Page 1 of 3 123 LastLast
Results 1 to 10 of 23

Thread: Tell me about your ukulele experiences!

  1. #1
    Join Date
    May 2019
    Posts
    11

    Default Tell me about your ukulele experiences!

    Hello everybody! My name is Loredana, I'm 21 years old and I live in Chile and I'm new to the forum and the uke.

    I really enjoy singing and I decided I wanted to finally learn how to play an instrument and for several reasons, I chose the ukulele so I got it last week and since for some time I won't be able to afford lessons, I started learning through YouTube.

    Right now the hardest thing for me is transitioning between chords and strumming, but I'm trying not to get frustrated and I'm really enjoying the ride I've learned three songs so far with the same four chords (C - G - Am - F) and for now the hardest thing is to transition between any chord to G so I'm trying to master that so I can move to new chords. Since I have no one to guide me, I'm trying to figure out what I have to learn next, haha.

    One thing that really frustrates me but that I know that it's normal, is not being able to sing without my strumming hand starting to do something weird.

    And this is why I'm opening this thread. I want to know all of your beginner experiences. I know it depends on each person but I still am interested in knowing. How long did it take for you to get decent/good? Did you learn by yourself or did someone teach you? How long did it take for you to start singing and strumming at the same time?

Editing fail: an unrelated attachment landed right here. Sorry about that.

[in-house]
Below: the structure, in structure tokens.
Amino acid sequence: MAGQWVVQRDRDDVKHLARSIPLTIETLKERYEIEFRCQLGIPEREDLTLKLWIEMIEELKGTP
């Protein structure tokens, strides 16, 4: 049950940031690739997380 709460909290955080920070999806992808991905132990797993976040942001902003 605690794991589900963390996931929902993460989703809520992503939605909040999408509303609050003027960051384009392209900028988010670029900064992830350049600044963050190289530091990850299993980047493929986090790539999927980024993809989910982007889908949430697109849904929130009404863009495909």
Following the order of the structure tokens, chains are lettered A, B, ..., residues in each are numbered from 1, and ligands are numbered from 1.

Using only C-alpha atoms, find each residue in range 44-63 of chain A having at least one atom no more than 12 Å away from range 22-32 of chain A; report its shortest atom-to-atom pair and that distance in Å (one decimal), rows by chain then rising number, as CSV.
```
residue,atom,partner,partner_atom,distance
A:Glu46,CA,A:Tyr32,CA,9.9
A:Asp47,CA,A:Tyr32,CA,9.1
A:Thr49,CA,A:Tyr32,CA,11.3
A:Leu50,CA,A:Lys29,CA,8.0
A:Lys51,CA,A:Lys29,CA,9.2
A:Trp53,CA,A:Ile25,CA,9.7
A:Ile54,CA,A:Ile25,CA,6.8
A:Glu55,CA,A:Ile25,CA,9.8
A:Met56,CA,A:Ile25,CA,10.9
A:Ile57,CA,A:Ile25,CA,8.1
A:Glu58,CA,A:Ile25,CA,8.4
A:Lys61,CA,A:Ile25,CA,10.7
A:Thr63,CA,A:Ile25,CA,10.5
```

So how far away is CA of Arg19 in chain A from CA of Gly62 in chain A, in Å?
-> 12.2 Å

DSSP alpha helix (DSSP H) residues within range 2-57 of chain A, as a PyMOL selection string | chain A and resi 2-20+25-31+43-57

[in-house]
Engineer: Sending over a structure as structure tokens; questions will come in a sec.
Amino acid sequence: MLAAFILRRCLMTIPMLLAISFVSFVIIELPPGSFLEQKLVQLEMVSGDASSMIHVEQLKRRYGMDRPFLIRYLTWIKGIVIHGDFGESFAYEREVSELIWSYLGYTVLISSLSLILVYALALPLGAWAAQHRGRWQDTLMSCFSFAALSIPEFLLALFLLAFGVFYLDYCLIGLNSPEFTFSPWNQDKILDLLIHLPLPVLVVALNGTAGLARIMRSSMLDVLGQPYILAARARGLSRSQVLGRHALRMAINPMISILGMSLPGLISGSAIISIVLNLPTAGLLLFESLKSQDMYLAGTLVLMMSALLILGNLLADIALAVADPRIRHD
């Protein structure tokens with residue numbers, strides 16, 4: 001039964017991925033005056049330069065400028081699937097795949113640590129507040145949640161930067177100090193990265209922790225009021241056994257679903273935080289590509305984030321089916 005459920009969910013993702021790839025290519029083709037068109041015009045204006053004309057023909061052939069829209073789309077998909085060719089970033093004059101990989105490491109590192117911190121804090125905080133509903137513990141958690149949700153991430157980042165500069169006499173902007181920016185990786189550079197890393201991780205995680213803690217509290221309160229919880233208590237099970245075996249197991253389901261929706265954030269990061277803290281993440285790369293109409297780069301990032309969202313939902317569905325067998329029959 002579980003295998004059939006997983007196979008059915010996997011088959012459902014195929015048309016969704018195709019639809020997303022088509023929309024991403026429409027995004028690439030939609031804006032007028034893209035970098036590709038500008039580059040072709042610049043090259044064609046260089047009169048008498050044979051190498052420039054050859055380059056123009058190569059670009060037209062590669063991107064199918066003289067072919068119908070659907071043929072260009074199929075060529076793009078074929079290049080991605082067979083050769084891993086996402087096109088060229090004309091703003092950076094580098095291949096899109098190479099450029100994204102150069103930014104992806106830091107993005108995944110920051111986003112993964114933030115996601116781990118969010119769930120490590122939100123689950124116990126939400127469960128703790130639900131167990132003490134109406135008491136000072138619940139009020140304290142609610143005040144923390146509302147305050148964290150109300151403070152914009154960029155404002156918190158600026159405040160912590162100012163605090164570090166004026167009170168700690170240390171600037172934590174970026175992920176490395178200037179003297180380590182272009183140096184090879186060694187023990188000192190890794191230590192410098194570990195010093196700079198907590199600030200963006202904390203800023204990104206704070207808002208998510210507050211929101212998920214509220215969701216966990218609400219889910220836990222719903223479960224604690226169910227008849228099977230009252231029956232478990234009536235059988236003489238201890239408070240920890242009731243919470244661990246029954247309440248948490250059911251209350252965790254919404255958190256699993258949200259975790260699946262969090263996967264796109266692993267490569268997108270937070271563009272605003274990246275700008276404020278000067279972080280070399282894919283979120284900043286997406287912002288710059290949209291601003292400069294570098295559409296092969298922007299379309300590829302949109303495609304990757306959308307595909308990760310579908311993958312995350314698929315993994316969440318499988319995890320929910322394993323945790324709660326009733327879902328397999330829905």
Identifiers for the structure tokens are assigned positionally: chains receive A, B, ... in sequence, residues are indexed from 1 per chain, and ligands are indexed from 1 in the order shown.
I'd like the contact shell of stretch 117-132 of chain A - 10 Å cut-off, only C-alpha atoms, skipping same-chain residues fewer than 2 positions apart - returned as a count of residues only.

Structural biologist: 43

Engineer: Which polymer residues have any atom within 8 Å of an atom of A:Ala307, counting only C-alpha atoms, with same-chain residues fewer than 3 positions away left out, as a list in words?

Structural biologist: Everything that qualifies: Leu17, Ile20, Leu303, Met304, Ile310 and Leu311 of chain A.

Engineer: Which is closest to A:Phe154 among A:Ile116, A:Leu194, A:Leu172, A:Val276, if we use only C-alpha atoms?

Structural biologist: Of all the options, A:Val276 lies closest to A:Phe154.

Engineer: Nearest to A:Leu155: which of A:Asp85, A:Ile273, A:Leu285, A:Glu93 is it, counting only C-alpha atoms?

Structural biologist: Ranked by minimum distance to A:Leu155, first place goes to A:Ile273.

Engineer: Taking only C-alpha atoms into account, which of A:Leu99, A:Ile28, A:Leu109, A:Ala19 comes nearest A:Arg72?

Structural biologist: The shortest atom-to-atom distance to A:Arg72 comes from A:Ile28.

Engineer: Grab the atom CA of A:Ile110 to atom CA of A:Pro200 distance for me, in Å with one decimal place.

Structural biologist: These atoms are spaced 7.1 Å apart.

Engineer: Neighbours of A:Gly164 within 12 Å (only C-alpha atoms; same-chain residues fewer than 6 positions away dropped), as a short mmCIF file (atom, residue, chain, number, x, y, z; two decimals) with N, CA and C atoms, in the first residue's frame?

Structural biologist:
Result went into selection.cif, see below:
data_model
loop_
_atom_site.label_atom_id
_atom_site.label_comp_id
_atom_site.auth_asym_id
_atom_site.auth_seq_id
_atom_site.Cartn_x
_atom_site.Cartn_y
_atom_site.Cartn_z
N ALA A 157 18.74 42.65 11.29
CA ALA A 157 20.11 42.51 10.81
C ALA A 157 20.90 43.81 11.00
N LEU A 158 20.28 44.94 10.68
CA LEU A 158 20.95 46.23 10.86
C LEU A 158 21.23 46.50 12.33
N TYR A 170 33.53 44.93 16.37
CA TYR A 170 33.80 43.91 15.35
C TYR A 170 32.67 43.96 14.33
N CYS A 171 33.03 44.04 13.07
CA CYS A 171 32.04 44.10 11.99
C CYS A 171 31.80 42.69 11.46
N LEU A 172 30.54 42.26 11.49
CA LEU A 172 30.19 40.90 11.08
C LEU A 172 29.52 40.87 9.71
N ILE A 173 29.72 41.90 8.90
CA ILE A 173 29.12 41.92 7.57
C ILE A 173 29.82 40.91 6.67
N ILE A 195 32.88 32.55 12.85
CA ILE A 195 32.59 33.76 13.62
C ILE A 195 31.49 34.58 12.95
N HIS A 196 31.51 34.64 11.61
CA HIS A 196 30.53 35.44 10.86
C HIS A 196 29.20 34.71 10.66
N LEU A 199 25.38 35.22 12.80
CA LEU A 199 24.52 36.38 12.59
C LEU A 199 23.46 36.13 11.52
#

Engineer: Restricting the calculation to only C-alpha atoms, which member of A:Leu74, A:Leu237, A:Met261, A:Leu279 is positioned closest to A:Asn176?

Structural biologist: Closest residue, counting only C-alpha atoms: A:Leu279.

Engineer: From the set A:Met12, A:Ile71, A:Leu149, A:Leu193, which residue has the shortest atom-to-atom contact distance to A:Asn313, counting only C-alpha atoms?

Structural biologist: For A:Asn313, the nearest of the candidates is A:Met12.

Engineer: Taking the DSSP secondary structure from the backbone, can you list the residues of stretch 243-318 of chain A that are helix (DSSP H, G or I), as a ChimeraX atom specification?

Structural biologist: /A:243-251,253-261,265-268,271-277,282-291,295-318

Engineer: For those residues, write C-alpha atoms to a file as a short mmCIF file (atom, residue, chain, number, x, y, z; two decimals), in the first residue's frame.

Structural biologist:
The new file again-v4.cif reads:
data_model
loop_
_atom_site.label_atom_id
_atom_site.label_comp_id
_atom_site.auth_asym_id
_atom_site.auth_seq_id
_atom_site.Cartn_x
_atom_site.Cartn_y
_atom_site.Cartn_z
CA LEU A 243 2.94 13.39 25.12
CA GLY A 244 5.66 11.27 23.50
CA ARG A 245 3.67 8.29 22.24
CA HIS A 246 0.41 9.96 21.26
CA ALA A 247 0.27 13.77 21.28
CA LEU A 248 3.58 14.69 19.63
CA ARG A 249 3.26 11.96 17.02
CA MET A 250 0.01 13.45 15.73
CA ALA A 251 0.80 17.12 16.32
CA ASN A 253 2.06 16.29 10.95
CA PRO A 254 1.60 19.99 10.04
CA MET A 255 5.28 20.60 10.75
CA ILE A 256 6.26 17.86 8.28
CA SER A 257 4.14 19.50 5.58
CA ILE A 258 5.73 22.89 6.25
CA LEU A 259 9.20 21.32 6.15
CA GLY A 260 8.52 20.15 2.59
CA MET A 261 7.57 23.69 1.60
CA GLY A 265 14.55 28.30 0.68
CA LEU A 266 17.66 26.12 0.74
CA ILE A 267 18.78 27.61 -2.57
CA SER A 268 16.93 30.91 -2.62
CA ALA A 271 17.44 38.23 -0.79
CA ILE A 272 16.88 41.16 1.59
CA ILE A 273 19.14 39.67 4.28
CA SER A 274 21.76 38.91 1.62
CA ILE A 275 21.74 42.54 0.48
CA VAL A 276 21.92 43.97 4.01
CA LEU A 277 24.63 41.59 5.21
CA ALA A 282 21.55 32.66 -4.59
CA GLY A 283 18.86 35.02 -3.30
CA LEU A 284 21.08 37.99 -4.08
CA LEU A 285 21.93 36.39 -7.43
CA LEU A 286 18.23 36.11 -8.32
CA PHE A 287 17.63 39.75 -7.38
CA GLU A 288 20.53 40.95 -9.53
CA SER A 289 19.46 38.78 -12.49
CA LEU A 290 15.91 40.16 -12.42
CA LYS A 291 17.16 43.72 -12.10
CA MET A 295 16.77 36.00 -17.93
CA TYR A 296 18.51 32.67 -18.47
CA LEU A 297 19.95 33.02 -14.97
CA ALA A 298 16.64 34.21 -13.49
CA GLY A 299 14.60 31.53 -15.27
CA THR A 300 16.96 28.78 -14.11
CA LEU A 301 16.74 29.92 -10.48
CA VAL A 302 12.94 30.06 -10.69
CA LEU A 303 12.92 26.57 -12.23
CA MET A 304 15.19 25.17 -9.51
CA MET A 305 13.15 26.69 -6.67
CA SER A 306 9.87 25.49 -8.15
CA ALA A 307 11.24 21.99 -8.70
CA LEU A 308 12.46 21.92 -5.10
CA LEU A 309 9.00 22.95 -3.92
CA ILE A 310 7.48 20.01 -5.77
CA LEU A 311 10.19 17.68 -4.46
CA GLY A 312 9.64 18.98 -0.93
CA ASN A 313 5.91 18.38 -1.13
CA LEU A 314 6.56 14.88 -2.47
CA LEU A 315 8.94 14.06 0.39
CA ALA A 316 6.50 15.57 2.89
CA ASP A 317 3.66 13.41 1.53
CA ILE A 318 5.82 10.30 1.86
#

These stories motivate me so I'll be thankful if you share them with me and everybody else who is interested

    Thank you so much for taking the time to read and I'm looking forward to read from you soon.

    Greetings from this side of the world!
    Loredana

  2. #2

    Default

    Hi,

    For the G chord try barring at the second fret like this:



    Barre-G.png

    Practice, practice, and practice. Frequent short practice sessions are usually better than occasional long practice sessions.

  3. #3
    Join Date
    Feb 2014
    Location
    Oahu Isle, Hawaii
    Posts
    330

    Default

    Hello Loredana --- Welcome to UU Forum AND welcome to the joy of playing a ukulele

    Barre chords can be a bit tough at first. I had my small granddaughter squeeze a small rubber ball in her left hand for about 10 minutes every day. Soon she was doing barre chords more easily.

    You didn't say what size ukulele you are playing. Unless you barre a G chord, your fingers are a little crowded doing a G on a small uke such as a soprano.

    Quote Originally Posted by lorepm View Post
    ... ...One thing that really frustrates me but that I know that it's normal, is not being able to sing without my strumming hand starting to do something weird.... ...